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Fly fishing the Baltic Sea: Chasing Silver along the Shores of Bornholm

Why travel all the way to Bornholm to fly fish for seatrout, when there are numerous other coastal areas all across Northern Europe that are within closer range? Well, Bornholm has a certain je ne sais quoi – and not just when it comes to the fishing, which – by the way – ranks among the best in the world.

BY: RASMUS OVESEN

WITH ITS SMALL, IDYLLIC SEAPORTS, captivating panorama views, and exquisite food culture, Bornholm is an irrevocably ambient and pleasant place to vacate. Everything is within immediate range: the rocky shorelines and white sandy beaches; Svaneke Brewery and the many local smoke houses; the ancient round churches, fortresses and castle ruins; and the numerous vantage points that are found along Bornholm’s 158-kilometer-long coastline. Bornholm is the perfect place for an active holiday, and its coastal realms offer the perfect playground for the seatrout fisherman – a place where the dream of catching a silvery Baltic Sea trophy is within reach.

MY OBSESSION WITH SEATROUT has lured me across the Baltic Sea, to the craggy shorelines of Bornholm, on several occasions. And revisiting Bornholm’s amazing and varied coastal realm always makes me tingle expectantly within. I have that exact feeling inside on this day in March, where I’ve flown from Oslo to Copenhagen, then driven from Copenhagen to Ystad in Sweden to catch the high-speed ferry from Ystad to Rønne, Bornholm. Not even escalating south-westerly winds, which are forecast to reach gale forces around 24m/s within the next 24 hours, is enough to dampen my spirit.

Less than half an hour after my good friend, Gordon, and I have gotten off the ferry, we’re on the shore of a beautiful coastal stretch with our fly rods in firm grips, ready to battle the elements and look for trout. We fish one promising stretch and then another – but without seeing any fish. It doesn’t deter us, however, because Bornholm’s seatrout have a tendency to school up in certain areas, and once we find them, we know that we’re in for a good time. Arriving at the third fishing spot, which goes by the local name, Klympen, we’re still fully motivated and stoked to be fishing. And we now start to work our way down the shoreline, methodically and with great focus.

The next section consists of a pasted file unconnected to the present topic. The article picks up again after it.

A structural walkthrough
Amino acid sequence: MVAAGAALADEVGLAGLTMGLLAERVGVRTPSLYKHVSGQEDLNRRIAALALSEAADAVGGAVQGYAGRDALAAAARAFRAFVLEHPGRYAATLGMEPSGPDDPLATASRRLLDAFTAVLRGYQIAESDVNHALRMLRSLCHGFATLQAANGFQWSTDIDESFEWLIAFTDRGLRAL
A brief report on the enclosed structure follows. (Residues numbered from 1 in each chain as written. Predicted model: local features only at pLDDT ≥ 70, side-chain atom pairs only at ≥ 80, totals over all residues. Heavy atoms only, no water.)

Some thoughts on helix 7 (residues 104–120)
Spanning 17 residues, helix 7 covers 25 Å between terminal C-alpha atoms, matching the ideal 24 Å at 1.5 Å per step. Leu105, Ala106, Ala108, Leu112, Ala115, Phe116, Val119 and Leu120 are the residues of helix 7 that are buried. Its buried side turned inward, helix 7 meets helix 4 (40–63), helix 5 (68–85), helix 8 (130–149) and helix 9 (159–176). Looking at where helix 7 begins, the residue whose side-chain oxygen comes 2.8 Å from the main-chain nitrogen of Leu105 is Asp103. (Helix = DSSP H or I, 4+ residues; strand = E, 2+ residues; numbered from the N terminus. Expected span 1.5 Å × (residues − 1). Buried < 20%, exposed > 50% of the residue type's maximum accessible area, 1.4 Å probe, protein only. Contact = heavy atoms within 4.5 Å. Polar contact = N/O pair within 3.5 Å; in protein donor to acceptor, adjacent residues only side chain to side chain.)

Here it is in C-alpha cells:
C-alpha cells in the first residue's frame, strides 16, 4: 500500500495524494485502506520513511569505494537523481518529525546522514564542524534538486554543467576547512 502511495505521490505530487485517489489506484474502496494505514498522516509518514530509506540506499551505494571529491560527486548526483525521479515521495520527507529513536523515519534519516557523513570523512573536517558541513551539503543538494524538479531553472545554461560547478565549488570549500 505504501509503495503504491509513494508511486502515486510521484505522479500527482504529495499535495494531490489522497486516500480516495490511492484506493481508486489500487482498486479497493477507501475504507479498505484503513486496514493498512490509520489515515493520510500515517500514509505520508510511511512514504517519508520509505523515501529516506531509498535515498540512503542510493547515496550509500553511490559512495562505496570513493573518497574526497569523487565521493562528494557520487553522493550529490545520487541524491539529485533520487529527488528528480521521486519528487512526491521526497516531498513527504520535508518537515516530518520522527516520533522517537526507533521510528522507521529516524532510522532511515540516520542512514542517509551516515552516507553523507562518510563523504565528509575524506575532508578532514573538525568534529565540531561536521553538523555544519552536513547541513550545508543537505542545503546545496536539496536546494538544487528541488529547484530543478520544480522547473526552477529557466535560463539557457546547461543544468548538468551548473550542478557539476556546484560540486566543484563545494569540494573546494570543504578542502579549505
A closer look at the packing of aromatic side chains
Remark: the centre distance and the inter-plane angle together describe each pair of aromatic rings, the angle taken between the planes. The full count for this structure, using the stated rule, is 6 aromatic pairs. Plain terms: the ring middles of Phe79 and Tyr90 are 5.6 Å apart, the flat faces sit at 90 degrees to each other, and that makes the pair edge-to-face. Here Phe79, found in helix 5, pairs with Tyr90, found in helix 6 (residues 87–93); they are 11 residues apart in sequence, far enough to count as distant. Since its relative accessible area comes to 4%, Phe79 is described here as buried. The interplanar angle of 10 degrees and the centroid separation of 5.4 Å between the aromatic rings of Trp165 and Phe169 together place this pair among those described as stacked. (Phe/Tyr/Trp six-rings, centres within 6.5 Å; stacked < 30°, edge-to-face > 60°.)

I SEND ANOTHER EXPECTANT CAST towards the edge of a dark patch that stretches out into the ocean below the gloomy, lead-grey horizon, while desperately probing for traction across the slick, rounded rocks that are so carelessly strewn here – rocks that are greedily licked by unyielding and turbulent waves. The water is turbid, and the hoarse southwestern winds tear at the frothing wave crests flinging shower-like myriads of glistening water drops in to the air and towards the beach.

It’s not the most comfortable weather for fishing. It’s more like an inferno of water, wind and whirling foam, but it doesn’t really matter. I don’t mind being thrown around in the waves on this chilly spring day, hectically waving my fly rod in the howling winds, as long as I believe in the dream of catching a solid piece of Bornholm silver. I firmly do, and every cast is laden with the greatest of expectations and the warmth-igniting assurance that Bornholm is capable of delivering fish in regular trophy sizes.